Texas Small Brewer Wins Partial Victory Against State Alcoholic Beverage Commission

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In a decision handed down earlier this week by the U. S. District Court for the Western District of Texas, several provisions of Texas alcohol law have been found to violate the First Amendment of the Constitution.   The court found in favor of Jester King Craft Brewery, one of several parties that filed suit in federal court against the Texas Alcoholic Beverage Commission (TABC), invalidating provisions that do not allow: 1) accurate labeling of a brewery’s products (requiring the use of the terms “beer” and “ale” in a manner inconsistent with general industry use); 2) the ability to inform customers of where they can purchase the brewery’s products; and 3) the ability to state alcohol content or the use of terms indicative of strength on labels or in advertising.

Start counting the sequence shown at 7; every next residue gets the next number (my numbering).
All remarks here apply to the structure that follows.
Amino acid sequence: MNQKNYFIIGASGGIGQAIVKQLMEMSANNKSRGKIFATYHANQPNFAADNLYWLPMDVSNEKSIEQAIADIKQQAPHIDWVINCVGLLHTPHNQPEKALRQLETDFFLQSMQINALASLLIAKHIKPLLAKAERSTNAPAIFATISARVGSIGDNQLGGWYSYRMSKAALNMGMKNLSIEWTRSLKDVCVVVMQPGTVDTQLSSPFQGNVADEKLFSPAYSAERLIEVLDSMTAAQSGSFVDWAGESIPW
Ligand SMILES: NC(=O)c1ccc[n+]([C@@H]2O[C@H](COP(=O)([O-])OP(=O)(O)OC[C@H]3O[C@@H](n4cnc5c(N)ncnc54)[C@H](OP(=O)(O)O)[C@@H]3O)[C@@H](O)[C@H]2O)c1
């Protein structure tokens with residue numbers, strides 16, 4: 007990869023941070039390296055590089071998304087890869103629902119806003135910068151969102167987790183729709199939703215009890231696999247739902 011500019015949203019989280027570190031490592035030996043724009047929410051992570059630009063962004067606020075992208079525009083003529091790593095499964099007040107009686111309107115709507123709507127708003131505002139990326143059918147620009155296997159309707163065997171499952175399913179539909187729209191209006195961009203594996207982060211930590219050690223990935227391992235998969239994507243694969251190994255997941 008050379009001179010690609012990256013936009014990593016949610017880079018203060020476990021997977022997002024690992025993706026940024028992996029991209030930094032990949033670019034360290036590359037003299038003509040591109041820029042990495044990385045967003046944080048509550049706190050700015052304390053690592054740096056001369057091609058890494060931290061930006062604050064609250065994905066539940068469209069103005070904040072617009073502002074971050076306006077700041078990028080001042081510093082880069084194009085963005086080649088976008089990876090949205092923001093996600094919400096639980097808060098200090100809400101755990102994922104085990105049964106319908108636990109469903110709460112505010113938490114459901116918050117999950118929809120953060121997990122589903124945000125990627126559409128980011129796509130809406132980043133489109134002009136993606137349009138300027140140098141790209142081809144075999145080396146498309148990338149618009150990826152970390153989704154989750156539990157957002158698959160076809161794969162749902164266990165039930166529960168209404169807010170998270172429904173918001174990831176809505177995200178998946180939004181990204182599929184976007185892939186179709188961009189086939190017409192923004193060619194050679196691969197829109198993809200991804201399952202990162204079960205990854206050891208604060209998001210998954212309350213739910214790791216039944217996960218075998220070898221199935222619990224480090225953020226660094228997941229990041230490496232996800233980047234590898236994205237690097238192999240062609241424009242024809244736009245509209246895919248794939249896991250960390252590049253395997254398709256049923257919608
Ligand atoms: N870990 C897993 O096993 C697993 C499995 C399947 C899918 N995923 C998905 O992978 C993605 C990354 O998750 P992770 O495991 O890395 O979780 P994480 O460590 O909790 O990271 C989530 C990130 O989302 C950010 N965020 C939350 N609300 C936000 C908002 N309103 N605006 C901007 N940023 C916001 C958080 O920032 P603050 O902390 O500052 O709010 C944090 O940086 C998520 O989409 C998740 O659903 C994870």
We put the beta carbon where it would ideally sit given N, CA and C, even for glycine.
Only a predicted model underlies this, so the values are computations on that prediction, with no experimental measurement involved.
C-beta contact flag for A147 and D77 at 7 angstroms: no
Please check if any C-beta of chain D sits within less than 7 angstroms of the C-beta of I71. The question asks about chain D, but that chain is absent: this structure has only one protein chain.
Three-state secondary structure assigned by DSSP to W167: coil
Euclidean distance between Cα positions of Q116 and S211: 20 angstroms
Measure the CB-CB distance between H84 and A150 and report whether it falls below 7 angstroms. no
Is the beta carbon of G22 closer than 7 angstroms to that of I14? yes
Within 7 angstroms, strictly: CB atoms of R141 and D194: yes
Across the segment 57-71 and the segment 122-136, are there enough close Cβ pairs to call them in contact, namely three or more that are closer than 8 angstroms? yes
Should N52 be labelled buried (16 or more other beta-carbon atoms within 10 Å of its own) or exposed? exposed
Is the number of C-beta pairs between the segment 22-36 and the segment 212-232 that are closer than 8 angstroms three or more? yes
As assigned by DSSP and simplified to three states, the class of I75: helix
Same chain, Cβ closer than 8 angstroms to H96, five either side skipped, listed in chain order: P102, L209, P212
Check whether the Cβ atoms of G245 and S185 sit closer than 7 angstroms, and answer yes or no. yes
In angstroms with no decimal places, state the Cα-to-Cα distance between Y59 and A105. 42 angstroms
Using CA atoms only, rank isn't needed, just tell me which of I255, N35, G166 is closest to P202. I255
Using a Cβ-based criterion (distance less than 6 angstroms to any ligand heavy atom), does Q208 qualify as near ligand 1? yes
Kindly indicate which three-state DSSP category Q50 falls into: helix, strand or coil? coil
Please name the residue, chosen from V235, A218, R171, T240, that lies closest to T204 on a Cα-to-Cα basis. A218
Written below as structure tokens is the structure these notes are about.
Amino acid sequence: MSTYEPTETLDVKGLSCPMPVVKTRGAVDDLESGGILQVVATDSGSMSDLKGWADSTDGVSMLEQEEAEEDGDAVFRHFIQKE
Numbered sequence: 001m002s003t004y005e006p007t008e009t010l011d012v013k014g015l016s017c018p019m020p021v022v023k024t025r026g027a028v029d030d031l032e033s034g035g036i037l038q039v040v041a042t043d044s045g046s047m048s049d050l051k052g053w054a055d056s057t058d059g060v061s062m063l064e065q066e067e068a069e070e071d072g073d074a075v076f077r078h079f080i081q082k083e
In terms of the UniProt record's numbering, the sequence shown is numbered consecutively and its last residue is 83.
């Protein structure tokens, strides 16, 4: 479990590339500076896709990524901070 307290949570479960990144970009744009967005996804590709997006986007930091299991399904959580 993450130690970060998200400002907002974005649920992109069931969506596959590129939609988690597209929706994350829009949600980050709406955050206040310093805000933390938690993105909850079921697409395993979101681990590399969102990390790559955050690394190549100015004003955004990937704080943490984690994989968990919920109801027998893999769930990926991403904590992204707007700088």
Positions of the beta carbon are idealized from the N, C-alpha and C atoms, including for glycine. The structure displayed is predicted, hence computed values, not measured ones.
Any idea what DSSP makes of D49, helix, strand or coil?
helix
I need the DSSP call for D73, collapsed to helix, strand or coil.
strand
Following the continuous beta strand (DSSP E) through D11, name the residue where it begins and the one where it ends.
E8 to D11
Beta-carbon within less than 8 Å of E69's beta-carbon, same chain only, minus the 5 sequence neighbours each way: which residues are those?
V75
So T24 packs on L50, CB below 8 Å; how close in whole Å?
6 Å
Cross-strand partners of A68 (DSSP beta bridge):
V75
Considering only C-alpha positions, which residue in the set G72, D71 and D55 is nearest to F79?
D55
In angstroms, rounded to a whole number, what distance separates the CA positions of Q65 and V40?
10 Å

The provisions challenged in the suit, but left in place following the ruling, include the prohibition on production brewers selling their beer directly to consumers on the brewery premise and the requirement that out of state breweries obtain a separate license in order to sell their products in Texas.
In Jester King’s reaction to the ruling posted on their blog, the brewery left the door open to potential future action, stating “…small brewers still face many unjust and unnecessary obstacles that need to be removed before we can stand on equal footing with Texas winemakers and brewers in other states.”  Early indications are that the Texas Alcoholic Beverage Commission will not appeal this week’s ruling.